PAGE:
By adopting a lipoprotein-mimicking peptide self-assembly principle, we created the high density lipoprotein (HDL)-liked peptide-phospholipid scaffold (HPPS), a sub-30 nm core-shell lipid nanoparticle stabilized by apoA-1 mimetic peptides. The HPPS nanocarrier adds a new dimension to the core-shell nanoparticle families particularly valuable for the intracellular delivery of imaging agents, therapeutic peptides or immunomodulators to tumor cells (e.g., melanoma) and immune cells (e.g., dendritic cell and tumor-associated macrophage) in vivo. Recently, we developed HPPS as a carrier to deliver antigen peptides (Aps) to mature dendritic cells (mDCs) in lymph node, which successful elicited desiring anti-tumor immune response. The injection of Ap-HPPS allowed long-term tracking of its flow into lymph nodes using NIR imaging. More importantly, Ap-HPPS exhibited the ability to activate immature DCs and could be directly used as an effective targeting vaccine for in vivo cancer prevention without the need of immunologic adjuvants. We also developed a dual-targeting nanoparticles (M2NPs) for melanoma immunotherapy via delivering small interfering RNA to M2-like tumor-associated macrophages (TAMs). By loading anti-colony stimulating factor-1 receptor (anti-CSF-1R) small interfering RNA (siRNA) on the M2NPs, it specifically blocked the survival signal of M2-like TAMs and deplete them from tumors. Meanwhile, it also inhibited immunosuppressive IL-10 and TGF-β production, and increased immuno-stimulatory cytokinesexpression and CD8+ T cell infiltration in tumor microenvironment. Thus, the dual-targeting property of M2NPs combined with RNA interference provide a potential strategy of molecular-targeted cancer immunotherapy for clinical application.
In the application of nanotechnology in cancer immunotherapy, antigen presenting cells (APCs, dendritic cells and macrophages) are preferable target due to their endocytic capacity and suppressed phenotype. Recently, we developed a lipid-based core-shell nanocarrier, which is stabilized by changeable fusion peptides and possesses a sub-30 diameter. With the different peptides, the nanoparticles (NPs) could either target to dendritic cells (DCs) in lymph nodes (LNs) or tumor associated macrophages (TAMs) in tumor environment. After subcutaneous injection, the NPs could targeted deliver the encapsulated antigen peptides (APs) and adjuvants (CpG-ODN) to dendritic cells in LNs, and lead to the antigen presenting and activation of cytotoxic T lymphocytes against tumor. In other case, after systemic administration, the immune regulatory molecules were carried by NPs and targeting delivered to specific immunocytes in tumor microenvironment resulting in the immunosuppressive state broken and tumor growth inhibition.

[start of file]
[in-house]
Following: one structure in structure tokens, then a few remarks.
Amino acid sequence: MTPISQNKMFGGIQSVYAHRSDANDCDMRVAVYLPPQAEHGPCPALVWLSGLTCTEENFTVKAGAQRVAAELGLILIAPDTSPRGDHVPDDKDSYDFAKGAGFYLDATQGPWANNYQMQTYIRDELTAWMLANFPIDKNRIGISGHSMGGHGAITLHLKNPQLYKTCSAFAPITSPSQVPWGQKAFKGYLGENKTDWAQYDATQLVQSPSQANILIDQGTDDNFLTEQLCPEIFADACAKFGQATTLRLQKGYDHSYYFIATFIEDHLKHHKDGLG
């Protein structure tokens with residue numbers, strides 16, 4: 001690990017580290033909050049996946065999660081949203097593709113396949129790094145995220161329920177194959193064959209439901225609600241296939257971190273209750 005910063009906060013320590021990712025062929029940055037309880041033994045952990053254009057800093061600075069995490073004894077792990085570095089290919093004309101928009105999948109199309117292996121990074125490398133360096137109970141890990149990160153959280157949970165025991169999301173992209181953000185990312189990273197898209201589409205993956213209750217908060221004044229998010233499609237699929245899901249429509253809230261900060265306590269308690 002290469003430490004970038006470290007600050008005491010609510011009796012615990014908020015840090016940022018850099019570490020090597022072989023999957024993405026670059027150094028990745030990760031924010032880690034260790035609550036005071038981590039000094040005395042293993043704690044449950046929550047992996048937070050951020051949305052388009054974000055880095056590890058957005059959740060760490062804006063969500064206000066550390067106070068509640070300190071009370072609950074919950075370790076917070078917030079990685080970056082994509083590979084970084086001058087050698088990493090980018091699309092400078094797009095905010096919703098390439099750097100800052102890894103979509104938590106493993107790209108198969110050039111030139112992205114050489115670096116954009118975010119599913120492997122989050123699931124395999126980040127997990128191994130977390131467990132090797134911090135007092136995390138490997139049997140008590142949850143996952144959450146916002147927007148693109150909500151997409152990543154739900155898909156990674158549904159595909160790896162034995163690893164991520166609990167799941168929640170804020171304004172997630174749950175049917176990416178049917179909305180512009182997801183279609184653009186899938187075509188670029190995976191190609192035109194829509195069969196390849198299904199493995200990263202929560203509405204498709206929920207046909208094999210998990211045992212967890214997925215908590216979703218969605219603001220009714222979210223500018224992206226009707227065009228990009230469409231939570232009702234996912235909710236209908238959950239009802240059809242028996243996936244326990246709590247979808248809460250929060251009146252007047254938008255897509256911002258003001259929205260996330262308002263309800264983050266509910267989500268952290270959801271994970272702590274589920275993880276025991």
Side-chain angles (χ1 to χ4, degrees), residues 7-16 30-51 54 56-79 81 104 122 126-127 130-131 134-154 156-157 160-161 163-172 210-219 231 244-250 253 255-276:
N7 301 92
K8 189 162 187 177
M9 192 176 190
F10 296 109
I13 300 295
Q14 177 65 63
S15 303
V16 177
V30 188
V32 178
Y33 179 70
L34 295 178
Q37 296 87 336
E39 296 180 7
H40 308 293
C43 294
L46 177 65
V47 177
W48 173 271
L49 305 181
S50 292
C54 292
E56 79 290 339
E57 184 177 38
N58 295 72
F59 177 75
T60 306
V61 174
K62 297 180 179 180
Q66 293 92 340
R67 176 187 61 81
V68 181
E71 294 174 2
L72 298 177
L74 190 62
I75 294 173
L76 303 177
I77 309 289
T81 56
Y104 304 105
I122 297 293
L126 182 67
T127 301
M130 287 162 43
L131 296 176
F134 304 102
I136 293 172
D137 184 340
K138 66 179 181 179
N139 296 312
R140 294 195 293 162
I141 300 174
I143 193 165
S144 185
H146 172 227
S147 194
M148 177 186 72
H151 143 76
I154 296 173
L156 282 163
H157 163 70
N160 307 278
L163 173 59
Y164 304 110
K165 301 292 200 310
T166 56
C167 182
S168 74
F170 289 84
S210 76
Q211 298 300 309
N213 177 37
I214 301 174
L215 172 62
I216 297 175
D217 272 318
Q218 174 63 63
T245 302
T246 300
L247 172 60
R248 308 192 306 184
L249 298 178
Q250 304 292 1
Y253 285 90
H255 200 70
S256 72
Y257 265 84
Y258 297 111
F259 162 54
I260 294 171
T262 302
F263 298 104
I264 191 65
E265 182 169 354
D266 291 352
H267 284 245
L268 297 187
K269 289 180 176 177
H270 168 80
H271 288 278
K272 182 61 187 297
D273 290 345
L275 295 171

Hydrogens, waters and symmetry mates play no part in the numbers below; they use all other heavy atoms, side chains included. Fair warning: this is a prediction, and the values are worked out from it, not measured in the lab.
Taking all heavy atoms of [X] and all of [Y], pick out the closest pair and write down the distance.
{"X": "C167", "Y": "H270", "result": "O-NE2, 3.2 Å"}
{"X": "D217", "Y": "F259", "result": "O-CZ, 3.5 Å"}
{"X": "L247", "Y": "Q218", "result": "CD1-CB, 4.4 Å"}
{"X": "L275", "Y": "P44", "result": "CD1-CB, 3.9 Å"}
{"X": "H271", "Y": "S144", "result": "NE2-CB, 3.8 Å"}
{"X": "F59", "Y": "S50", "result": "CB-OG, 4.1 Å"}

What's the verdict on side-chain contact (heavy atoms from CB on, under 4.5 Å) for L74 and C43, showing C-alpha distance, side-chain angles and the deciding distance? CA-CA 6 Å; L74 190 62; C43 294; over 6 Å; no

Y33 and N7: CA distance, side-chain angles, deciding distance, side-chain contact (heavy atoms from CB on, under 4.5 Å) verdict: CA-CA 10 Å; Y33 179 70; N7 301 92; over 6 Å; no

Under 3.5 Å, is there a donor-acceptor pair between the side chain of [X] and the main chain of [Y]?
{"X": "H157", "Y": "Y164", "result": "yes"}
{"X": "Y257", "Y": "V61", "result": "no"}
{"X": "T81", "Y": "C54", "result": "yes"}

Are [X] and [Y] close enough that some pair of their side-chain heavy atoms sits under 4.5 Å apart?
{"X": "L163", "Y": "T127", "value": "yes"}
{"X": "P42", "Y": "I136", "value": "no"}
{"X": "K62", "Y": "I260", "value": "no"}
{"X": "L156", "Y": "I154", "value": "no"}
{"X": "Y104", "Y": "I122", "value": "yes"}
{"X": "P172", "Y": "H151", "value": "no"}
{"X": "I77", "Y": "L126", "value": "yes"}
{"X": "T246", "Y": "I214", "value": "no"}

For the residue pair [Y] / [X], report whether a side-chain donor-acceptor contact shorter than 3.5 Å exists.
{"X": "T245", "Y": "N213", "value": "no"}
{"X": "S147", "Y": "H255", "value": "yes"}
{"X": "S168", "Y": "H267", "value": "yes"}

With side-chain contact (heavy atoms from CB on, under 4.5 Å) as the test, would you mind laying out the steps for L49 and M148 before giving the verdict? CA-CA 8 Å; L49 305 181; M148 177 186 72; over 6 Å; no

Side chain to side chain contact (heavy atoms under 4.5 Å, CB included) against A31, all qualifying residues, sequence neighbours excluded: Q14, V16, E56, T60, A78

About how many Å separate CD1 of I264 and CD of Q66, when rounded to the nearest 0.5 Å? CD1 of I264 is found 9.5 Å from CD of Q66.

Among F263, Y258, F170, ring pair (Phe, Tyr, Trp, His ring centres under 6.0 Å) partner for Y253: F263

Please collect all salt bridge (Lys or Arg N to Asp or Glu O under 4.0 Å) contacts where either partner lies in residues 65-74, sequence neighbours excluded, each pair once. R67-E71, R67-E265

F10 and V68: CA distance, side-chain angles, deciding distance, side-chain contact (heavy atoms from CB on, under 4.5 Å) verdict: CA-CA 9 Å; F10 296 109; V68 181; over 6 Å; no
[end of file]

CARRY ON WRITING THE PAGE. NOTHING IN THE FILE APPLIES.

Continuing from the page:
Proc. SPIE. 9709, Biophotonics and Immune Responses XI
KEYWORDS: Breast, 3D acquisition, X-ray computed tomography, Cancer, Breast cancer, Tumors, Tissues, Nanoparticles, Luminescence, Tomography, Mammography, In vivo imaging, In vitro testing, Fluorescence tomography
Breast cancer is one of the most harmful cancers in human. Its early diagnosis is expected to improve the patients’ survival rate. X-ray computed tomography (CT) has been widely used in tumor detection for obtaining three-dimentional information. Fluorescence Molecular Tomography (FMT) imaging combined with near-infrared fluorescent dyes provides a powerful tool for the acquisition of molecular biodistribution information in deep tissues. Thus, the combination of CT and FMT imaging modalities allows us to better differentiate diseased tissues from normal tissues. Here we developed a tumor-targeting nanoparticle for dual-modality imaging based on a biocompatible HDL-mimicking peptide-phospholipid scaffold (HPPS) nanocarrier. By incorporation of CT contrast agents (iodinated oil) and far-infrared fluorescent dyes (DiR-BOA) into the hydrophobic core of HPPS, we obtained the FMT and CT signals simultaneously. Increased accumulation of the nanoparticles in the tumor lesions was achieved through the effect of the tumor-targeting peptide on the surface of nanoparticle. It resulted in excellent contrast between lesions and normal tissues. Together, the abilities to sensitively separate the lesions from adjacent normal tissues with the aid of a FMT/CT dual-model imaging approach make the targeting nanoparticles a useful tool for the diagnostics of breast cancer.